The east face of Co. La Aguja Grande
Elise plodding to the saddle between Aguja Grande and Aguja Chiquita
Elise with the west face of Co. La Aguja Chiquita behind
Me ascending the shallow gully straight up
Ascending to the base of the shear cliffs
Our first glimpse of views towards north towards Cerro de la Popa
Looking back while traversing under the east face of Aguja Grande
Elise picking her path trying to avoid the cacti…
The scrambling started somewhere here..
The terrain was loose and somewhat exposed
A taste of the terrain on the lower face.
A series of traverses and a series of steps
Onto the NW Ridge now, looking across to the other side

Up to this point I would describe this route as “ugly” or “painful” with hardly anything worth to recommend, but the real fun part is the NW Ridge. There was no more bushwhacking needed and the scrambling would soon become class 4 with lethal exposure. We traversed a narrow ledge into a gully feature on climber’s right of the ridge and climbed a series of stiff class 4 steps. Near the top of this gully we had two top-out options. The easier option appeared bushy so we climbed a vertical chimney on climber’s right with at least one or two harder moves. This was followed by some exposed class 2+ ridge scrambling to reach the false summit.

Me negotiating one of the few tricky steps on the ledge
Elise starting the uber exposed ledge traverse
Pulling up a stiff 4th class step with lethal exposure
Elise checking out the exposure…
We then climbed this vertical chimney to exit the gully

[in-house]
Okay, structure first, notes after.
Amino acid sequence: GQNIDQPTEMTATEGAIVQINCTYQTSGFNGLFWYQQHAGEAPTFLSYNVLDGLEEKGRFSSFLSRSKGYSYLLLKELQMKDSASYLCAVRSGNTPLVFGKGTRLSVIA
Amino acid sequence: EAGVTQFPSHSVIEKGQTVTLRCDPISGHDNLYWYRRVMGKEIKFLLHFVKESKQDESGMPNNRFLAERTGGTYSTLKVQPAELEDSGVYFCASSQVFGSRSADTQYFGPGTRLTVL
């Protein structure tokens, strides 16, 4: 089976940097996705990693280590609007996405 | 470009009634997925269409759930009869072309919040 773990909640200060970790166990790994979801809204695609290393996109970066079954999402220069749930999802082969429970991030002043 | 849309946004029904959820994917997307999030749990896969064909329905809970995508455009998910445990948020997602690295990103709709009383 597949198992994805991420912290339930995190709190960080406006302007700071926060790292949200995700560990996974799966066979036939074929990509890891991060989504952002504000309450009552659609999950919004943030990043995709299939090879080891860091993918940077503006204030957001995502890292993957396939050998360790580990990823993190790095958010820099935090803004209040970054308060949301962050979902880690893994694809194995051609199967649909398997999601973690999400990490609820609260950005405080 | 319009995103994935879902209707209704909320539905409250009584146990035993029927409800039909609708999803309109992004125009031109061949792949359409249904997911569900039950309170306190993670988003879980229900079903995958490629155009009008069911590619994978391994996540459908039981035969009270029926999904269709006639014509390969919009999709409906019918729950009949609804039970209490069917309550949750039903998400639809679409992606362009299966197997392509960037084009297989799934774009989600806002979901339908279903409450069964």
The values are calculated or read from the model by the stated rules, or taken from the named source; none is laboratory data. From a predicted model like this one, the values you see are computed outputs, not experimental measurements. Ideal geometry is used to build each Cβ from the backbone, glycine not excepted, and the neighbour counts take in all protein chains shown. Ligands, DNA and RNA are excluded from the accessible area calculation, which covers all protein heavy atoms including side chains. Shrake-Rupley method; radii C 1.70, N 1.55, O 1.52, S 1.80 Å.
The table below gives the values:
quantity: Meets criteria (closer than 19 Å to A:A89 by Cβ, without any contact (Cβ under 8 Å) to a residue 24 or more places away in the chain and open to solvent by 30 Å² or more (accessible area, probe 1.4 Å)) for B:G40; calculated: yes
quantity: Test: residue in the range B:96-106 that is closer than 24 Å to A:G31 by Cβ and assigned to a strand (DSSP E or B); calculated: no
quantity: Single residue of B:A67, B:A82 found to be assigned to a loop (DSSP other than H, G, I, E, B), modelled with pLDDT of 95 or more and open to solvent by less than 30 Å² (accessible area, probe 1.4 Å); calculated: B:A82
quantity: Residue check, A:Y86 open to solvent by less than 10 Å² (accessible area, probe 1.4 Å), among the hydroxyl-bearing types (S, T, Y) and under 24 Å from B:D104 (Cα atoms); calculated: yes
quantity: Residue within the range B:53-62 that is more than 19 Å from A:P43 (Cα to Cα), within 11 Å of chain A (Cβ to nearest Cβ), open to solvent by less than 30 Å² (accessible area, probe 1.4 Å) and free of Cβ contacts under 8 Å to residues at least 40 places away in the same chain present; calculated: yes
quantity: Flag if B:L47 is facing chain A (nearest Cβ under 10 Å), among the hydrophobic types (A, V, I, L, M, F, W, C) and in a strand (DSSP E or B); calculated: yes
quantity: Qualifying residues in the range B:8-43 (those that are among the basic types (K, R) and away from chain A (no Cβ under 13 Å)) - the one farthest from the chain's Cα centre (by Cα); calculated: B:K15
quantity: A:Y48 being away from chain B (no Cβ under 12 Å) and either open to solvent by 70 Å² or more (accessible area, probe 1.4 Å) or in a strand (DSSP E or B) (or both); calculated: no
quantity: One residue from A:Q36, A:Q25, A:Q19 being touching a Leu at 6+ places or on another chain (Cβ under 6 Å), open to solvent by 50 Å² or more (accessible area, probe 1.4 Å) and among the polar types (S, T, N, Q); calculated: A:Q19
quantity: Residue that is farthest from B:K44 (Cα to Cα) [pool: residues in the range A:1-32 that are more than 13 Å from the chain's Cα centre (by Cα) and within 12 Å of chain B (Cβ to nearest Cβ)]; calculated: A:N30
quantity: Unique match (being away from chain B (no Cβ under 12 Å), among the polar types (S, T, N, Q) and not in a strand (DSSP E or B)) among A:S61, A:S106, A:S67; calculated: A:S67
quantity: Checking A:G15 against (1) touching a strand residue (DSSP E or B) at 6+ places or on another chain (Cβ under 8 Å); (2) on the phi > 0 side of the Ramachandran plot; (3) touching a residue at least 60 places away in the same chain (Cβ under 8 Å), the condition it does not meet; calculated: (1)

Onto the upper NW Ridge leading towards the false summit
Elise balancing on boulders. There’s fair amount of boulder-hopping
Me staring at the true summit from the false summit

The true summit appeared daunting but turned out to be fairly trivial. After the down-climb into the true/false saddle we scrambled the “nose step” on the connecting ridge head-on. The step appeared technical from afar, but was actually not even in the realm of class 4. The rest of the scrambling to the summit went without event and there’s a huge sense of accomplishment for reaching an obscured semi-technical desert tower. This climb proved once gain that the harder peaks in the deserts are usually not the prominent “sky islands” but rather the seemingly lowly towers.

Down-scrambling from the false summit
Elise attacking the “nose step” on the true summit
More exposed ridge scramble leading to the true summit
Me on the true summit of Aguja Grande inspecting the views
Summit Panorama from Cerro La Aguja Grande. Click to view large size.
Picachos El Fraile in the distance. We climbed it the day prior.
Co. La Aguja Chiquita and Co. Gordo in the foreground
This is a southern view into layers and layers of limestone peaks
The ranges and valleys around form some bizarre circular pattern
Elise soaking in the views
Me on the summit of Cerro La Aguja Grande
Elise on the summit of Cerro La Aguja Grande
Elise and I celebrating the success of this obscured desert tower.
Our mandatory selfie shot on the summit

After spending about half an hour on the summit we leisurely started the descent. There wasn’t really much worth noting asides we tried our best to reverse what exactly we did on the ascent, including some variations. The down-climbing wasn’t as sketchy as I thought and I did not end up needing to use the rock shoes that I had also brought for this trip. I simply down-climbed everything in the trail runners and I never felt uncomfortable. Avoiding the cacti was even more impossible on the descent and we both got stabbed multiple times. The “tiny needle”, Cerro La Aguja Chiquita no longer appears dramatic from the saddle but we had agreed to ascend both peaks so we must carry on.

Elise down-climbing that “nose step”
Traversing across the saddle between the true and false summits
Elise now re-ascending the false summit
Scrambling down the lower portion of NW Ridge
Down into the gully and the ledge traverse now
Me down-climbing one of the exposed steps
This step was really awkward and exposed
A zoomed-out picture of the ledge into the gully
Down-climbing 3rd class ledges and steps with cactus…
Finally off the hands-on terrain
Picachos El Fraile across the east face of Cerro La Aguja Grande
We were almost back to the Grande/Chiquita saddle